Cinematic Spillover: Short Reviews of Godzilla: King of the Monsters and Always Be My Maybe

click to enlarge Cinematic Spillover: Short Reviews of Godzilla: King of the Monsters and Always Be My Maybe
Kiko Martinez

Here are a couple of short reviews of movies that will be released at San Antonio theaters or on Netflix May 31.

Always Be My Maybe

It’s usually very exciting when talented, established comedians are given the opportunity for the first time on a big stage to write their own take on a genre as overdone as the feature romantic comedy to see if they can freshen it up. In recent years, comedians like Amy Schumer with Trainwreck, Kristen Wiig with Bridesmaids and Kumail Nanjiani with The Big Sick, have proven to have a unique voice when it comes to maneuvering around relationships in their own humorous way. In the uncreatively titled Always Be My Maybe, which, yes, includes the Mariah Carey song “Always Be My Baby” in the soundtrack, comedians Randall Park (TV’s Fresh Off the Boat) and Ali Wong (TV’s American Housewife) team together to write a lovable and sharp-witted script from the perspective of their Asian characters. Park and Wong star as Marcus and Sasha, childhood friends and sweethearts who reunite after drifting apart for many years. Now adults, Marcus and Sasha are in completely different places in their lives. Sasha has become a well-renowned celebrity chef in New York. Marcus still lives at home in San Francisco with his widowed father. Although sparks don’t automatically fly when their lives intersect once again, Marcus and Sasha’s history keep them connected during Sasha visit to Cali where she is opening a new restaurant. Will the two friends realize they were made for each other or has too much time passed to rekindle any romance? Always Be My Maybe isn’t entirely original and at times settles for a few easy tropes, but Park and Wong are a charming pair on screen and have written a script that is funny and culturally noteworthy. If you’re still on the fence, here’s the clincher: Actor Keanu Reeves (Speed) has a wacky cameo as a fictional version of himself and steals both his scenes. If Keanu can’t get you to stream something for 101 minutes, we’ll admit defeat. Always Be My Maybe debuts on Netflix May 31.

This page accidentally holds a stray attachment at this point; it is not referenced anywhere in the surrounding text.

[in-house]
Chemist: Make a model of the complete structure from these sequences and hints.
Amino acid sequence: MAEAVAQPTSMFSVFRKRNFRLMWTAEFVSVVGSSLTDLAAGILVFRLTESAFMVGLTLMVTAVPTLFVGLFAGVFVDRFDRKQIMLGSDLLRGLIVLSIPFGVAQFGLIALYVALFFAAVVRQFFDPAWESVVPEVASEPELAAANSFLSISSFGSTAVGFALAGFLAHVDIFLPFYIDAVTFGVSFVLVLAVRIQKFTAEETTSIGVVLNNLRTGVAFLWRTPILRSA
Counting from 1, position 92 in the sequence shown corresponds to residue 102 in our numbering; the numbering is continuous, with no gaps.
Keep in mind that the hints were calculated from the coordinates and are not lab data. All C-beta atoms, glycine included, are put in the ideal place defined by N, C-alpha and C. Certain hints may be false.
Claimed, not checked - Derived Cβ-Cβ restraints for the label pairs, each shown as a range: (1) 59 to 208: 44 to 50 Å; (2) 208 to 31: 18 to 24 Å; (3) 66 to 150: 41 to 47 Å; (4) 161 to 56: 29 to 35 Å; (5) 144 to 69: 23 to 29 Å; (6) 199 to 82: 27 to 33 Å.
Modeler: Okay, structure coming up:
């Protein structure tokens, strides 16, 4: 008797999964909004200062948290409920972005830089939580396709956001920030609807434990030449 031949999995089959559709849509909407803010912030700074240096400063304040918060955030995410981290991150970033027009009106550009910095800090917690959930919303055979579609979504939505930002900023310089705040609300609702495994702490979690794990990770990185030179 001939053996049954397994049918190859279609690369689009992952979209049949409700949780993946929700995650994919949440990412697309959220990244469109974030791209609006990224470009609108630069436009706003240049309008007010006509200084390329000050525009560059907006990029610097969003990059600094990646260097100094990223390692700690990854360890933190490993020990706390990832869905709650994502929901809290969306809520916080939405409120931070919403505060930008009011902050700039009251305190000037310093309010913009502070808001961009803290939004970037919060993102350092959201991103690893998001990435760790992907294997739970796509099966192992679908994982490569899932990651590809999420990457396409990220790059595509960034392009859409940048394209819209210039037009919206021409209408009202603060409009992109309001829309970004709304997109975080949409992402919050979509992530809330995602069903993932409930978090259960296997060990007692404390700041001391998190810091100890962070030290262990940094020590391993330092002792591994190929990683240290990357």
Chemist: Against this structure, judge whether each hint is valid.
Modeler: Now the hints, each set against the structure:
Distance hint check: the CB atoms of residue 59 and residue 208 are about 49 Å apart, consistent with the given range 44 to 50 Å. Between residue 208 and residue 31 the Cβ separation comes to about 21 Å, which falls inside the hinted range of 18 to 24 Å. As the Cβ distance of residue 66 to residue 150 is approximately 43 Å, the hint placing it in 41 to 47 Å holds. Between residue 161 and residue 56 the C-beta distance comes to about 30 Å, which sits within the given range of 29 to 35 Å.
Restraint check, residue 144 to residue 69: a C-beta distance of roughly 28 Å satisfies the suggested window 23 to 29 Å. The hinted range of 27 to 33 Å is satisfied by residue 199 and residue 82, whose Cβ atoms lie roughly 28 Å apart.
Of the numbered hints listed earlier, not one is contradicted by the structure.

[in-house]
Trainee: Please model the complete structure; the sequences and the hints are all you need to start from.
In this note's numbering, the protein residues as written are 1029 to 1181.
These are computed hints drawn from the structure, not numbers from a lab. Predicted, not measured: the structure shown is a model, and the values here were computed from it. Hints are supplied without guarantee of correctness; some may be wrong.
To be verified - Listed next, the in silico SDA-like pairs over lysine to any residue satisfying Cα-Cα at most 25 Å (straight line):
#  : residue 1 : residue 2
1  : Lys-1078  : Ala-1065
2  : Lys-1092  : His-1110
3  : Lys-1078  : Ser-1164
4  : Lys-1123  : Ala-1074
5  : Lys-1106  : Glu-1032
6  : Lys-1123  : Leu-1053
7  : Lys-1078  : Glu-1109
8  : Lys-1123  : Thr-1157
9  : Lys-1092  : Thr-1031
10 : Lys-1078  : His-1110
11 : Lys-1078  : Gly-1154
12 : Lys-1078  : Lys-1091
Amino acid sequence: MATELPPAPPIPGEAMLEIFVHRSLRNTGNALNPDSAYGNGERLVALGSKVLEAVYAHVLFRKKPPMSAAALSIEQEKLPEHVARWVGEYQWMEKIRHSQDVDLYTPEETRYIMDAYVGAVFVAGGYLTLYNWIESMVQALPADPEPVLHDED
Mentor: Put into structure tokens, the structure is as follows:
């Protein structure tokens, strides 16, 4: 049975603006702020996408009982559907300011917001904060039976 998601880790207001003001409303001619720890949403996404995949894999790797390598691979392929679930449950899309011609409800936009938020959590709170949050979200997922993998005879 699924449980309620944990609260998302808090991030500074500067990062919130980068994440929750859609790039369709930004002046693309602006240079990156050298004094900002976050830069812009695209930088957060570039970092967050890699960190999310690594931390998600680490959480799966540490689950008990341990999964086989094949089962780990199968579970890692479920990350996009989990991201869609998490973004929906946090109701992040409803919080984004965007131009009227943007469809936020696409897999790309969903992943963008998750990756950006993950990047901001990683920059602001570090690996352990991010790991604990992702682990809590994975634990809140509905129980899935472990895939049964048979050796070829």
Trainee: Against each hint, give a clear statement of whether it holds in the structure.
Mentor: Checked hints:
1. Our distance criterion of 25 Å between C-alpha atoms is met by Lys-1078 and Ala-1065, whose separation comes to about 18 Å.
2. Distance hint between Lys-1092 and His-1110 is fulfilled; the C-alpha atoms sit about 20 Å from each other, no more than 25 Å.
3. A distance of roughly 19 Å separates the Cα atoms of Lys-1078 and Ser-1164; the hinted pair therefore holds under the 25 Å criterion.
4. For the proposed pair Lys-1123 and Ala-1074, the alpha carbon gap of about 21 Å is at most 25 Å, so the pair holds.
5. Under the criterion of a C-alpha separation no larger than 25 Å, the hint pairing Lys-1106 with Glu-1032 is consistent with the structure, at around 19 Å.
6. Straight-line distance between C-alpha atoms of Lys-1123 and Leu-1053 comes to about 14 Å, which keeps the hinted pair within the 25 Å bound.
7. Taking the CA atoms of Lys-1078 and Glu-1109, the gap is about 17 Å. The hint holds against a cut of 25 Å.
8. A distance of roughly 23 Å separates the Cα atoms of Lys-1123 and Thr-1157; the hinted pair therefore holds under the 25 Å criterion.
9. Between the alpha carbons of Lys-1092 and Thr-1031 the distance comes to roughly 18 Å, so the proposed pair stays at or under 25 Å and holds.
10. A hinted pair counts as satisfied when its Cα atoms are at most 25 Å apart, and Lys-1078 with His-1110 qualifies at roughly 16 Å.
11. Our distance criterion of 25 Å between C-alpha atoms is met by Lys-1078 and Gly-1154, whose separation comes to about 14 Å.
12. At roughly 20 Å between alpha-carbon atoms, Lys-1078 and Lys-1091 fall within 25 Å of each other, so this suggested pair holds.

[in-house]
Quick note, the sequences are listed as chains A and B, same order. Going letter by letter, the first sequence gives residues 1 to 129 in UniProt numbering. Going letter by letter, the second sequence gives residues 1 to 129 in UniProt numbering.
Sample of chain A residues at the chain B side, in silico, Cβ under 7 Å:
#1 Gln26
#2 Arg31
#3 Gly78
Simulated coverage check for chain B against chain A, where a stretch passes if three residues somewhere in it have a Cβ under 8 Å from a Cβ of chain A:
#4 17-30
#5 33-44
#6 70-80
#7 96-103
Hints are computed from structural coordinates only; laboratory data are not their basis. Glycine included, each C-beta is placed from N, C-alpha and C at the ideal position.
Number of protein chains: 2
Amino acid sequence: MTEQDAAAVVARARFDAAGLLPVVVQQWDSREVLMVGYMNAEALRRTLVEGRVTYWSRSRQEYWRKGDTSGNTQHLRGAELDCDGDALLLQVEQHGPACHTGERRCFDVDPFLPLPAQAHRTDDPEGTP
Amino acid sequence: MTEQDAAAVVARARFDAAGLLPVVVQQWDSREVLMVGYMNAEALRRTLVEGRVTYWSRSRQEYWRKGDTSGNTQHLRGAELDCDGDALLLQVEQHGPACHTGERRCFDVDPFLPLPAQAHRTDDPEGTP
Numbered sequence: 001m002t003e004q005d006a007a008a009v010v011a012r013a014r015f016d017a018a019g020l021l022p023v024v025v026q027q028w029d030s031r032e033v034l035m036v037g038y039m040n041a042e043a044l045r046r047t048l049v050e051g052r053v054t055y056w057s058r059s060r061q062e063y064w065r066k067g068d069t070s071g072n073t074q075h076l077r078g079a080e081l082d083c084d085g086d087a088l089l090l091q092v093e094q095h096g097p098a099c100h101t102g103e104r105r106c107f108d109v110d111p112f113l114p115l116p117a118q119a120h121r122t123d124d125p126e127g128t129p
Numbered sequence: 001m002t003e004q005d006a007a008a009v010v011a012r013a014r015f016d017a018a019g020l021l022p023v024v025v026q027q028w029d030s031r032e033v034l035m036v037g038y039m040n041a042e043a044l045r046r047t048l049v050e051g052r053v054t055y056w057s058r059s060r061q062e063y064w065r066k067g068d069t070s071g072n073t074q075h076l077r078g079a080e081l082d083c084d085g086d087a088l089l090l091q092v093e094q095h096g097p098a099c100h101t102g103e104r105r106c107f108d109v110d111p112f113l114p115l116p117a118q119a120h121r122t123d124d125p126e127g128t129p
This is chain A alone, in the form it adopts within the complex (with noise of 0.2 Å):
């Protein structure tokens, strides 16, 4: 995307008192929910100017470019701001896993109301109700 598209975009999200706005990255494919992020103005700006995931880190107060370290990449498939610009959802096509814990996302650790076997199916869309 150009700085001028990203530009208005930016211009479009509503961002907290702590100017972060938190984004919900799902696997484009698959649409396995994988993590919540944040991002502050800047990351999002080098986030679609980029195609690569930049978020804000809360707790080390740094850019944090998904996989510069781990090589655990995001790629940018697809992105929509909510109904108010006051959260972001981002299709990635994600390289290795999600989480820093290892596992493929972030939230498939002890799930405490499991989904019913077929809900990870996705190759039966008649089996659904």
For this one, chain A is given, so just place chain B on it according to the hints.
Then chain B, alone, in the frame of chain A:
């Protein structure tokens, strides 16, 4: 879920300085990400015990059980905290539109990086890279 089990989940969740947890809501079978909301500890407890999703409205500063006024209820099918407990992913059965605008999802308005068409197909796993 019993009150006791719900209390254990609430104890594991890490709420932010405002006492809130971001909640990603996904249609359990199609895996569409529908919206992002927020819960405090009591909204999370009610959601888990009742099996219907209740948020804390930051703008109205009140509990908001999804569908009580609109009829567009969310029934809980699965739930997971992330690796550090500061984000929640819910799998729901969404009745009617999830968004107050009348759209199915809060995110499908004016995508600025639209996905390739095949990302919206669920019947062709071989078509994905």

3 stars out of 5 stars

Godzilla: King of the Monsters

click to enlarge Cinematic Spillover: Short Reviews of Godzilla: King of the Monsters and Always Be My Maybe
Warner Bros.
Oh, how the mighty have fallen. While the official rebirth of the big lizard known as Godzilla took place in 2014 when director Gareth Edwards modernized the iconic monster for the theater, Edward’s awe-inspiring visual style wasn’t enough to consider it a flat-out success. Still, it was a huge improvement when compared to the embarrassing Roland Emmerich version of 1998, so most fans of Japanese kaiju were content with the revival and with the fact that Hollywood started preparing follow-up movies soon after. Unfortunately, in the first of those sequels, Godzilla: King of the Monsters, co-writer/director Michael Dougherty (Krampus) knocks the franchise back a few steps with a titan-sized failure. After the incoherent mess Dougherty and co-writer Zach Shields (Krampus) make with King of the Monsters, the heavyweight match-up of next year’s Godzilla vs. Kong, which they have also written, seems a lot less appealing. In the new monster mashup, which features a host of Godzilla’s longtime nemeses including Mothra, Rodan and the three-headed Ghidorah, the story picks up five years after the flattening of San Francisco in the previous blockbuster. Leading the cast of bland human characters are divorced parents Mark Russell (Kyle Chandler) and Dr. Emma Russell (Vera Farmiga) and their teenage daughter Madison (Millie Bobby Brown). When Emma and Madison are kidnapped by ecoterrorist Jonah Alan (Charles Dance), so he can get his hands on a device that can communicate with the monsters, Godzilla must rise to the challenge once again and save a major city from total destruction. Fans of the franchise might argue that Godzilla is the star of the sort of big, dumb summer flick where viewers should be able to veg out and just mindlessly enjoy a series of computer-generated monster fights for a couple of hours, but the convoluted narrative, forgettable characters and distracting foggy look of King of the Monsters is entirely too much to ignore. By the time Godzilla literally gets charged up with nuclear energy in the final act, moviegoers who decided not to check their brains at the door still might find themselves in a cinematic coma. Godzilla: King of the Monsters opens nationwide May 31.
1.5 stars out of 5 stars


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